The People's Democratic Republic of Algeria is the largest country in Africa and the tenth largest in the world. It is a semi-presidential republic made up of 48 provinces and 1,541 communes. The incumbent Algerian president Abdelaziz Bouteflika assumed power in 1999. Algeria is considered both a regional and middle power, and has oil reserves that are second largest in Africa and 16th largest in the world. The nation also has the 9th largest gas reserves in the world. Algeria supplies a vast amount of oil and gas to the European market. It is a member of the United Nations (UN), African Union (AU), Organization of the Petroleum Exporting Countries (OPEC), and the Arab League. The Algerian parliament consists of two chambers: the Council of the Nation (upper house) and the People's National Assembly (lower house).
France was engaged in trade with Algeria until 1830, when they decided to invade and control trade routes to Europe. Immediately after the French invasion, slave trade and piracy came to a stop. The invasion took longer than the French had anticipated and resulted in significant bloodshed. Violence and diseases ravaged the local population, decreasing their numbers by one-third in just 40 years. By 1875 the French had seized control of the Algerian territory, and between 1830 and 1875 about 825,000 Algerians had died. French policies centered on civilizing Algeria. The colonialists influenced the Berbers and Kabyles cultures, and within a short period the natives were speaking the French language. As a consequence, they received favors including better treatment from the French government. From 1848 until 1962, France administered the Algerian region bordering the Mediterranean as a département of France. Algeria became a recognized protectorate of France and Europeans immigrants began migrating to the country. Between 1825 and 1887, 50,000 French citizens emigrated to Algeria. Immigrants took over the communal land that had been confiscated by the government and introduced modern agricultural equipment and techniques that doubled the country's food production.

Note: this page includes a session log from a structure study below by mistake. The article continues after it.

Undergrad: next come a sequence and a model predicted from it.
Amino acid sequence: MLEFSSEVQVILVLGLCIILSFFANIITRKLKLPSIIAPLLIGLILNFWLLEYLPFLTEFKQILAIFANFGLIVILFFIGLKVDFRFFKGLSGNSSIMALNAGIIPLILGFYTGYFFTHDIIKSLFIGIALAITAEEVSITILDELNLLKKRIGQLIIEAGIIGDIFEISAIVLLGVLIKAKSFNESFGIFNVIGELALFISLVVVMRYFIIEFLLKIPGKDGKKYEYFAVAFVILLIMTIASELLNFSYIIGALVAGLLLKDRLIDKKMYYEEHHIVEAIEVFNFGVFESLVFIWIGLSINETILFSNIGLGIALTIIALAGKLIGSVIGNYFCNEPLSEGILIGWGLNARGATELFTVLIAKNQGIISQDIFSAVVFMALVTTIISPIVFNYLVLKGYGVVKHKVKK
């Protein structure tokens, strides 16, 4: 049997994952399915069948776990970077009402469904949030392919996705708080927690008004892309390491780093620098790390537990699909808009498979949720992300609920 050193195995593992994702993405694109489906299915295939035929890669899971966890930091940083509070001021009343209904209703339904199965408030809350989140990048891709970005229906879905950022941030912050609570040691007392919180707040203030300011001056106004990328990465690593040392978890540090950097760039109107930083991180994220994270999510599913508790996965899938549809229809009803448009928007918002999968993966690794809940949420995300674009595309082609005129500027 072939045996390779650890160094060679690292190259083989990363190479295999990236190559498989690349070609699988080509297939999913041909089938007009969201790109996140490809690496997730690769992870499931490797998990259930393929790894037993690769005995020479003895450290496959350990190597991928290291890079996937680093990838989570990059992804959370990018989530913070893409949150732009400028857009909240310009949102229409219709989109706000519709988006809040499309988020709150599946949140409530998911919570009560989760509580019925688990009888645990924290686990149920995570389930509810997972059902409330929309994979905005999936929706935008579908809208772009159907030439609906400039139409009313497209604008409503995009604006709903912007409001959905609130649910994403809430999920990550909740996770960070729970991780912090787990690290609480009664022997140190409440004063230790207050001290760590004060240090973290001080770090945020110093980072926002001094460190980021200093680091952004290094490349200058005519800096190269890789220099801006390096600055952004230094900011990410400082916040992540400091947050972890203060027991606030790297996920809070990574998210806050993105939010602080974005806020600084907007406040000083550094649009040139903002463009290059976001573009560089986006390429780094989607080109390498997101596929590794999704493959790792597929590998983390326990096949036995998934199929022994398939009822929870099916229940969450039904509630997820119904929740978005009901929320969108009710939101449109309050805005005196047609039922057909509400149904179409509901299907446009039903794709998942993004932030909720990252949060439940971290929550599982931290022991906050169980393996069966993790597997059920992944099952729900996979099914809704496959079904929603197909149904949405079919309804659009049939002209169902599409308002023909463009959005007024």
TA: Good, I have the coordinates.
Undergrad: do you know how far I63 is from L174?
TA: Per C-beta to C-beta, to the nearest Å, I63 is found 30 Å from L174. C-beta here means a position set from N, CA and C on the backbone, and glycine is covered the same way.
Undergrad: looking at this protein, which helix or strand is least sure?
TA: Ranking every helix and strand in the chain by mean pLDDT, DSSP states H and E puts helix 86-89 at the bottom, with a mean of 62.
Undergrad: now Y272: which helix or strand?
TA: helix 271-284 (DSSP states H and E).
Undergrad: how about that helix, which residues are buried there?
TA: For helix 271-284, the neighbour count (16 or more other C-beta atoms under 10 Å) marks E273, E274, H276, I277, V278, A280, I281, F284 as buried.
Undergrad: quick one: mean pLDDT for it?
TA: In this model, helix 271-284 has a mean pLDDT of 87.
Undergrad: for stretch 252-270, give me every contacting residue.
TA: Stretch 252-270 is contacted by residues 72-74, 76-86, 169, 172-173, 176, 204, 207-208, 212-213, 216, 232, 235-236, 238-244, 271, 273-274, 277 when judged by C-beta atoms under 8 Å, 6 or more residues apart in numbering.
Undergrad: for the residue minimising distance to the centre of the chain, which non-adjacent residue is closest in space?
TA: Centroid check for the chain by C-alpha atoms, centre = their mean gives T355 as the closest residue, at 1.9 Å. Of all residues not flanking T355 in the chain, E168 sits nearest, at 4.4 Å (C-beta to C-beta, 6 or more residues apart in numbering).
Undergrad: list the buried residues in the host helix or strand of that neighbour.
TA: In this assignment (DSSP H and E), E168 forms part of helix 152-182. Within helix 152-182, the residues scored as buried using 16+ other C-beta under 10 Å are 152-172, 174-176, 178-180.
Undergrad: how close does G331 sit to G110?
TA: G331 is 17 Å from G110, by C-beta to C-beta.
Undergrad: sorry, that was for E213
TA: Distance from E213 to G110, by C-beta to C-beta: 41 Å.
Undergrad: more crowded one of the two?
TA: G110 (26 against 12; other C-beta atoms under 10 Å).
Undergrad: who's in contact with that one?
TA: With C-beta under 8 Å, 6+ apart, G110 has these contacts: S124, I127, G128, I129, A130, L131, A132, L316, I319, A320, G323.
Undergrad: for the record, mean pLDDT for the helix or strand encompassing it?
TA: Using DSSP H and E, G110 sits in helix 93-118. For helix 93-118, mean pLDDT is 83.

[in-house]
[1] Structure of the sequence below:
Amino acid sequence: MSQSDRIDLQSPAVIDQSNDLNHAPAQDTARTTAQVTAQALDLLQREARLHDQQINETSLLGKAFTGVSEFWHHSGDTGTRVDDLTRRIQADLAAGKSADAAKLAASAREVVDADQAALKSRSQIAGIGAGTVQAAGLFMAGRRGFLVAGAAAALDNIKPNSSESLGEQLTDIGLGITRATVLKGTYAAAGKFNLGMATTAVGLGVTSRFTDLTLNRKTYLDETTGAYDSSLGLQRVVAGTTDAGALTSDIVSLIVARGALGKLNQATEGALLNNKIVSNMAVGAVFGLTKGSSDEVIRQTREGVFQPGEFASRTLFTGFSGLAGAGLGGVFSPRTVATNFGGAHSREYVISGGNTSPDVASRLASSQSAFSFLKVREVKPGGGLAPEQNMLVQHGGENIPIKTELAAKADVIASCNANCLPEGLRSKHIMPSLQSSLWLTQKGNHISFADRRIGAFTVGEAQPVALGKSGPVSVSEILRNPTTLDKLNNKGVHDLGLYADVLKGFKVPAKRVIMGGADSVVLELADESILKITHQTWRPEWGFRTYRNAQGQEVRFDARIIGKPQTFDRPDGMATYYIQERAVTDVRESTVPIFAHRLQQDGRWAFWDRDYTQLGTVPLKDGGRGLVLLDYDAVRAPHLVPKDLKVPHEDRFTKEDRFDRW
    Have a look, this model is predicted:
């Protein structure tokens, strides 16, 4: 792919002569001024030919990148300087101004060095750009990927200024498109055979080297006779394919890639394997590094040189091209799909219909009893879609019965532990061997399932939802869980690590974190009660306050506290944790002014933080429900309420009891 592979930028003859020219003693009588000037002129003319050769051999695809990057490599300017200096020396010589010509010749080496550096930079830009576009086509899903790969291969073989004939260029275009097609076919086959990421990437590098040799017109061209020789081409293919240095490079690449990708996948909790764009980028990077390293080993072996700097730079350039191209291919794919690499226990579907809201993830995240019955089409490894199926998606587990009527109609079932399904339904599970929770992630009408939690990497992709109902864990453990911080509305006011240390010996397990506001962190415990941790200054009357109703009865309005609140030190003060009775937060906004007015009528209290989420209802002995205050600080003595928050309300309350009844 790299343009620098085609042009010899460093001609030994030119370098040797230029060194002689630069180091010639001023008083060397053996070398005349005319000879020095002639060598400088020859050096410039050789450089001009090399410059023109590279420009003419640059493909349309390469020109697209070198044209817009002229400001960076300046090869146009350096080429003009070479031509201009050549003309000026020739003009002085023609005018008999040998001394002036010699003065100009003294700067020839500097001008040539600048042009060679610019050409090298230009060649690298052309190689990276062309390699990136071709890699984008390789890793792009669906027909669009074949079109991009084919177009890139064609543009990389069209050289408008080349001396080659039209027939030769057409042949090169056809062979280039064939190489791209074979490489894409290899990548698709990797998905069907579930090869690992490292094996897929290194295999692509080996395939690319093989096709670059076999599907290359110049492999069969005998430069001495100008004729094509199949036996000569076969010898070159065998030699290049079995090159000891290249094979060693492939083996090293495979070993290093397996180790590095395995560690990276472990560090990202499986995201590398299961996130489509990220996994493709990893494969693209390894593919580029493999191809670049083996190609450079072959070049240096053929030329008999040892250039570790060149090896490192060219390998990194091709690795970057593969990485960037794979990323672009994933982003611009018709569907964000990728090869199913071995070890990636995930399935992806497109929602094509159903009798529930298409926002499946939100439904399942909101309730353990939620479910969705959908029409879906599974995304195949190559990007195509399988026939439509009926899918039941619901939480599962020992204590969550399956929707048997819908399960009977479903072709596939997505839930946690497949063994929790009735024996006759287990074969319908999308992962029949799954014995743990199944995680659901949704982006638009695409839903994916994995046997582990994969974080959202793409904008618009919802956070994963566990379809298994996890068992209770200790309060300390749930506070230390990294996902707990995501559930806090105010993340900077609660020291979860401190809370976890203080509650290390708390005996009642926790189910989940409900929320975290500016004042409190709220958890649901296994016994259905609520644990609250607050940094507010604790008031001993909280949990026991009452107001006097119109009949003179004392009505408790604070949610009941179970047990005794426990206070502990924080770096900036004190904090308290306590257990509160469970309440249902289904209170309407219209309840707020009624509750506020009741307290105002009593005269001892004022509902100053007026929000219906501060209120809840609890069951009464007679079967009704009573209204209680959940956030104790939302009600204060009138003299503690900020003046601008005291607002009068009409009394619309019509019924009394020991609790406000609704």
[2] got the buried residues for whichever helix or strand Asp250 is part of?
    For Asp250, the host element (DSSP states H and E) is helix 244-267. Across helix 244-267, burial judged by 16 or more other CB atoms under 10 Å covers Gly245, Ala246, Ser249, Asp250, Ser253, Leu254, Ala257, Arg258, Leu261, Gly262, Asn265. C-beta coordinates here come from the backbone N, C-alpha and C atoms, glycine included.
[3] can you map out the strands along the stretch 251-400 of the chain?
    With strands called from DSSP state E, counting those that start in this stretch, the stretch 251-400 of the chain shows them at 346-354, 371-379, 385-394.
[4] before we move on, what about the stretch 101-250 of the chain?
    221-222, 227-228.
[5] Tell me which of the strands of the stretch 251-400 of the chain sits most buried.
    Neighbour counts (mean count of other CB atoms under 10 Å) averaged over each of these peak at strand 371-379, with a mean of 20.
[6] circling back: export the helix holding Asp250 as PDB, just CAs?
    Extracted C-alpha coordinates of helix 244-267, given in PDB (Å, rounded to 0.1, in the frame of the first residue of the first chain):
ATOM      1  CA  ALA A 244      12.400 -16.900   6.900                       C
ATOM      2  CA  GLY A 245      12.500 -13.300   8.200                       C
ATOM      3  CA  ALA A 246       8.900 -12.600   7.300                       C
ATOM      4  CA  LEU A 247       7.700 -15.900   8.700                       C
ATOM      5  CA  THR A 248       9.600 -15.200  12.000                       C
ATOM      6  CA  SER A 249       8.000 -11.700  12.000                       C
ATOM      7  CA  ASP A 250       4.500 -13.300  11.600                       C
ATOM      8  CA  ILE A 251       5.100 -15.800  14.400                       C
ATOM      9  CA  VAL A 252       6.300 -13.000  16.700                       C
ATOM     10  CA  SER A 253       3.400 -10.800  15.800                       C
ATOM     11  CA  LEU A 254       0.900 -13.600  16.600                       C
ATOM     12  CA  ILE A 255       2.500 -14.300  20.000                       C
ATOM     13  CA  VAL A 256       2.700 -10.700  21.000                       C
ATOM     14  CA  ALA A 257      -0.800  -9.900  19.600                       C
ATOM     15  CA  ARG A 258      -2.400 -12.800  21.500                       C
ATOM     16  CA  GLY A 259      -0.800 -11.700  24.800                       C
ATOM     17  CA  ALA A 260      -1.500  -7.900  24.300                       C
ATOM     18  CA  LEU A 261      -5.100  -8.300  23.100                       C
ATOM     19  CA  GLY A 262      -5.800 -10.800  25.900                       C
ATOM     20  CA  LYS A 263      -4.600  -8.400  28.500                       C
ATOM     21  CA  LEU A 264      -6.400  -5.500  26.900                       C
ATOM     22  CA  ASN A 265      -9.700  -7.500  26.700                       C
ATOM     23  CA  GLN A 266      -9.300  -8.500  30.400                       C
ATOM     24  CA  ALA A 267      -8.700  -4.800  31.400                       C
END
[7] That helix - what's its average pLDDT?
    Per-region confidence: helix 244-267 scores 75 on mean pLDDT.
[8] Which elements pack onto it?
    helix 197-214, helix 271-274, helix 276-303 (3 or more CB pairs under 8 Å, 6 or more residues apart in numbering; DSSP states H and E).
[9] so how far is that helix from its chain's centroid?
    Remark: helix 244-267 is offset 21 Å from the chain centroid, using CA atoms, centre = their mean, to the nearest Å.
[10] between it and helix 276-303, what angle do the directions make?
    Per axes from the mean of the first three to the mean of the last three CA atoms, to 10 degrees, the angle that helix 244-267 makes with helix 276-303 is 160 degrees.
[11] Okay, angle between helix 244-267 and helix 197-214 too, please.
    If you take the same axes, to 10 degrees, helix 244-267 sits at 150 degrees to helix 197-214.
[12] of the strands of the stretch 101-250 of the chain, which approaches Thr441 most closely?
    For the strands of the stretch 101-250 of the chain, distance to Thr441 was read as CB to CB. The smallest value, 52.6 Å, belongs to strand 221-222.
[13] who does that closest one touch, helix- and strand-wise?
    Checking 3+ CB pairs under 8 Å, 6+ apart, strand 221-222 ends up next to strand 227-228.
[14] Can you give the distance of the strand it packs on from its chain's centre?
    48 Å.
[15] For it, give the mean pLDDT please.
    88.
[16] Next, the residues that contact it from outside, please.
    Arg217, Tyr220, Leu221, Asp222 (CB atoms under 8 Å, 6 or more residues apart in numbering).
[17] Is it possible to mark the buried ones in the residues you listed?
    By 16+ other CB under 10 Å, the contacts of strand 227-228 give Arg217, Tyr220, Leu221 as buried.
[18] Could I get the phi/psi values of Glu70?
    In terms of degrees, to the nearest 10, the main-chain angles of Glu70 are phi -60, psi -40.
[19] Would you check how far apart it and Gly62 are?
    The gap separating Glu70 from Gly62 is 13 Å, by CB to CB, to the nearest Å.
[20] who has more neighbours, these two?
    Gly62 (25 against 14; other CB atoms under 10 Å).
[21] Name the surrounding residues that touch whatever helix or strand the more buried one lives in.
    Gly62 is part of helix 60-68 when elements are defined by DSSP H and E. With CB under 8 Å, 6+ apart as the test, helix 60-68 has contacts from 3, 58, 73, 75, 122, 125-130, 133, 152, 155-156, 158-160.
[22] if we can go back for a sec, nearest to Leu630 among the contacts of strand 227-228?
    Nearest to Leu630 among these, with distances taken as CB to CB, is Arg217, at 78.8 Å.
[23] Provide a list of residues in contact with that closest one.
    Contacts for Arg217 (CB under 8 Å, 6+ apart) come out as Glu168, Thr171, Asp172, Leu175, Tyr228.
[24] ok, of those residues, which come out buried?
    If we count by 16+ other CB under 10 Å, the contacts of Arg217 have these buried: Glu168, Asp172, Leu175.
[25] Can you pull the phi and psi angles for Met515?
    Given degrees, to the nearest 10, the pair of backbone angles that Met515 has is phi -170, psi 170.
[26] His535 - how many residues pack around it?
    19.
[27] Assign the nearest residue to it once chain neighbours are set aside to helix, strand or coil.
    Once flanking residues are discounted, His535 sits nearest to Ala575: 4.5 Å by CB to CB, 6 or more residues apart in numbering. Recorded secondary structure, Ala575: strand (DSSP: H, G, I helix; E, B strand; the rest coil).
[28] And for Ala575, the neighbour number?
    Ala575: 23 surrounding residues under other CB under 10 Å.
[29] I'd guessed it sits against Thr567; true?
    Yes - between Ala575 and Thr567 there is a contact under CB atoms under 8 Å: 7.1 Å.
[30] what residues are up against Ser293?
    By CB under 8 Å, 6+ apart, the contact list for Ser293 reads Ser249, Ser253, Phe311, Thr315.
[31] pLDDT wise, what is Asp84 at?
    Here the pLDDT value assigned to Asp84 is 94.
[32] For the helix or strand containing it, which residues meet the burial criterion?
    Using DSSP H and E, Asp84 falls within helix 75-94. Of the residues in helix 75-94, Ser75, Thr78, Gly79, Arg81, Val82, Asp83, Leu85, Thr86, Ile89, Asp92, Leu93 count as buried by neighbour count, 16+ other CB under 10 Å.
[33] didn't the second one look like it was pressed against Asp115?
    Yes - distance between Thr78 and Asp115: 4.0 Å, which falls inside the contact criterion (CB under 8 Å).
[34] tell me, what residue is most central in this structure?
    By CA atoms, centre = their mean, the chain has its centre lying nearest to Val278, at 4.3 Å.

By about the late 19th century, one-fifth of Algeria’s population were Europeans. The French government aimed to completely assimilate the country and make it a province of France by 1900. However, the native population heavily resisted the cultural and religious occupation, including the use of French as the official language. The Islamic population was dissatisfied with the colonial system and began demanding political autonomy from France. In May 1945 an armed resistance against the French began but was quickly suppressed in the Sétif and Guelma massacre. Tension between the French and native Algerians reached a breaking point in 1954, which ultimately resulted in the Algerian War.
The Algerian War
The Algerian War began on November 1, 1954, and was fought between France and the Front de Libération Nationale (FLN). The war is believed to have resulted in the deaths of between 30,000 and 150,000 Harkis and French collaborators, although historians Alistair Horne Raymond Aron claim it resulted in 700,000 deaths and displacement of 2 million more. The FNL destroyed government and French property, engaged in guerrilla warfare against French forces, and launched attacks in France. The war ended after the signing of the Evian agreements in March 1962 and a self-determination referendum on 5 July 1962, giving Algeria its independence from France.